By Amanda Richey, News Editor
The Malone Career Center has made some changes to its programming for the 2015-16 school year. In addition to the creation of a new administrative position, these changes present new approaches to connecting Furman students to their careers.
Dr. John Barker, director of the Malone Career Center, explained why the center is experimenting with new types of programming in addition to its regular service, which include the graduate school fair and individual assistance.
“We had a consultant come in this summer,” Barker said. “[He] talked about career services to a number of students. He looked at surveys.”
While the consultant commended Furman’s programming, his first recommendation was to drop one of the core things the Malone Career Center does best: workshops.
“Reason being, college students are not attending like they used to,” Barker said. “It’s a different generation.”
Nearly fifteen years ago, the average attendance at a Furman career development workshop was around 40 students. Last year, one workshop had an audience of only one student. Whereas the career center used to see hundreds of students at these workshops in the course of a year, attendance has dropped to the dozens. This follows a national decline in participation.
To offset the absence of workshops, new programs have taken their places and new connections have been made between departments.
One new program is Resumania, a drop-in resume critiquing initiative that ran Sept. 8-23. The center partnered with the Duke Library to meet students where they visited most frequently. Although it only operated for the month of September, the career center has already seen a great turnout.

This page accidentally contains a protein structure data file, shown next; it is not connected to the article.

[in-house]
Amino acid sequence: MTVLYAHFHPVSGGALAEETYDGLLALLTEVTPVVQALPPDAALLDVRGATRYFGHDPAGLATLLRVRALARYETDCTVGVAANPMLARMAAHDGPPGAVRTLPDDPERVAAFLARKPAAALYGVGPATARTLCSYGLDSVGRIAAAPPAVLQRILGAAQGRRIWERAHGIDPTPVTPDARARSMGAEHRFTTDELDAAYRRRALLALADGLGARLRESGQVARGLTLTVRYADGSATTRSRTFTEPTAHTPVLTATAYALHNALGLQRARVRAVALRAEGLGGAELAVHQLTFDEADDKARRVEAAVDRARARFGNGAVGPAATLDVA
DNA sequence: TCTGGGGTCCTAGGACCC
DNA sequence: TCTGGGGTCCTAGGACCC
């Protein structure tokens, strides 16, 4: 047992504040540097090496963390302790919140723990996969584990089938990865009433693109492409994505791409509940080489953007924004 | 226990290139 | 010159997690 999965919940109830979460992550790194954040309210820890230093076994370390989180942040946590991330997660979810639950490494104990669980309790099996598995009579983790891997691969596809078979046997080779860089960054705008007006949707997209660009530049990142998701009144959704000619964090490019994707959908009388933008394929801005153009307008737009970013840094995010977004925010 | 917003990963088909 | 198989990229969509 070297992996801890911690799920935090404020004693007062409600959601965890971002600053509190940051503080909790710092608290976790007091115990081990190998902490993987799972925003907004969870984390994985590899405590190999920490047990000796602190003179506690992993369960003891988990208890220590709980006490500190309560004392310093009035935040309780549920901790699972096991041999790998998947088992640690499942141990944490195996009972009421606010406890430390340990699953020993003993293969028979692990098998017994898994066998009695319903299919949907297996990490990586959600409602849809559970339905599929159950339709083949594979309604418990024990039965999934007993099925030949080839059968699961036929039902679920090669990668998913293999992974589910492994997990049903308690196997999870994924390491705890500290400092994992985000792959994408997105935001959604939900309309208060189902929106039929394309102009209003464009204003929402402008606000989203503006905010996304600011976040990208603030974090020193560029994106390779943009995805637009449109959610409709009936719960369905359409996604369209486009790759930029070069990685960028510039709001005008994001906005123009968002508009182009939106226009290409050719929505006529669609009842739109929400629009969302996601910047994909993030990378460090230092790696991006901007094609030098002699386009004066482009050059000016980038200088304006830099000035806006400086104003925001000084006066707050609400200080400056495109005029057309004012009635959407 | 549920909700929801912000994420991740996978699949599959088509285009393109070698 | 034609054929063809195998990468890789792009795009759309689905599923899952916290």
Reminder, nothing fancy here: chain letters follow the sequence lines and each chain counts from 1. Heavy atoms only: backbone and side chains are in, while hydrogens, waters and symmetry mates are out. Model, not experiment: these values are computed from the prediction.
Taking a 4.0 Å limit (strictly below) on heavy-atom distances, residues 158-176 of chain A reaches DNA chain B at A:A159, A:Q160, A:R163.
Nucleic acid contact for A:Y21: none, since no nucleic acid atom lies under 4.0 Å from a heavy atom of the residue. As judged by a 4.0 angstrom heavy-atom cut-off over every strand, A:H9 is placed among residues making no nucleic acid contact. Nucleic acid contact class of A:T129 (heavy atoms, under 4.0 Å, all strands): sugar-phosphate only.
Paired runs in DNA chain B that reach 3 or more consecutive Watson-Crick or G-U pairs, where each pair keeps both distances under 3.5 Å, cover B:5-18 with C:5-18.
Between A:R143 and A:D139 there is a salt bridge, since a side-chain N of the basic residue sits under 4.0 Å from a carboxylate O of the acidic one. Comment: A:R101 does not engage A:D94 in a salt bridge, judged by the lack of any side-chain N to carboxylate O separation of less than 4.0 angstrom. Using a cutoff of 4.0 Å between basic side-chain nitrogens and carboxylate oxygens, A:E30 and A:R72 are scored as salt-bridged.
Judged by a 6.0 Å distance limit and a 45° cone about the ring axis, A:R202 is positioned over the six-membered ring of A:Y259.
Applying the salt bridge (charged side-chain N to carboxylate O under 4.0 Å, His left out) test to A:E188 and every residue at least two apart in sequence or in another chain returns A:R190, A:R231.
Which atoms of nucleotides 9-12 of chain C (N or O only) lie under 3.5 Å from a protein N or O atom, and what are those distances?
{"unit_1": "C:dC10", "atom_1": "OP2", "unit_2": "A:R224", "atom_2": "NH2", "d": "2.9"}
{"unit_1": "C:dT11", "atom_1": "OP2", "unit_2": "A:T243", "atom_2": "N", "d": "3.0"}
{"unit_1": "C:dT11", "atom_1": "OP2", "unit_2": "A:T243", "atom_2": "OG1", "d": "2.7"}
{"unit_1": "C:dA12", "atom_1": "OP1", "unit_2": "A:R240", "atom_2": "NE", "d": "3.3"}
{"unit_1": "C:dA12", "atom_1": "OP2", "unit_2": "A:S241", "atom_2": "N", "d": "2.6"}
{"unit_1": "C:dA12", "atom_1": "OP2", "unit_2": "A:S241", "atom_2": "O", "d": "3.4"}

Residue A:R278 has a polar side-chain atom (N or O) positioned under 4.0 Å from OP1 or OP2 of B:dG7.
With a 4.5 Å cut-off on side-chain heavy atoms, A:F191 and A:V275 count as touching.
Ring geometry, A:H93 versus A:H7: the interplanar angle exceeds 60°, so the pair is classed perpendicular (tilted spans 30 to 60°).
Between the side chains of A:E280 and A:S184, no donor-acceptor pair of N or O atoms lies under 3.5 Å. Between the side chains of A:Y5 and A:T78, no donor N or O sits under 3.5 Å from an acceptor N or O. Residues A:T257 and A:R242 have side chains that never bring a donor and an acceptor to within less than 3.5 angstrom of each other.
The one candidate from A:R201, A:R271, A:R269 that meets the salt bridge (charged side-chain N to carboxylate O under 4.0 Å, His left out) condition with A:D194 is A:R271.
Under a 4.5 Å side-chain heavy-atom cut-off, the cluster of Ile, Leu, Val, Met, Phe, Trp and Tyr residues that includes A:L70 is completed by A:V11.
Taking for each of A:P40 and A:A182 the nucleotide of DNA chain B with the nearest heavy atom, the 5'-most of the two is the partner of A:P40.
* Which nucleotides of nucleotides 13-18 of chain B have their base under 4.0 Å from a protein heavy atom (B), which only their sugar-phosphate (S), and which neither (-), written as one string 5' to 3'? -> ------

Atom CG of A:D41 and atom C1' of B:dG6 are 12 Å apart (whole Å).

“I think we’re going to have more students coming to Resumania [in the future] than we had for workshops,” Barker said. “Attendance more than justifies continuing this program as a regular offering.”
The Malone Career Center has also reached out to every academic department on campus to more efficiently inform students about the benefits of career services as it applies to specific majors.
In addition to the changes the career center has implemented, a separate position was added to the university administration this year to provide a more holistic approach to career and personal preparedness both for current students and for success in post-Furman life.
Former Athletic Director Dr. Gary Clark has become the Senior Associate for Strategic Career Initiatives. The role facilitates connections between different departments across campus that share relevant information for career development as well as connections between current students and alums.
“We’re developing infrastructure to pool alumni information so that we all have access across campus,” Clark said.
In addition to this effort, Clark and his team are also piloting a mentorship program, connecting a small group of current students with a similarly sized group of alumni. The program will be assessed at the end of the academic year with the hope that the mentorship program will be grown into a larger program offering in the future.
The changes that have been made not only to the career center but also to the university’s strategic career services approach as a whole are designed to serve students and keep Furman competitive with similarly selective liberal arts institutions.
“We are looking at this as the next generation of Engaged Learning—for Furman to be out in front again [in terms of career services],” Clark said.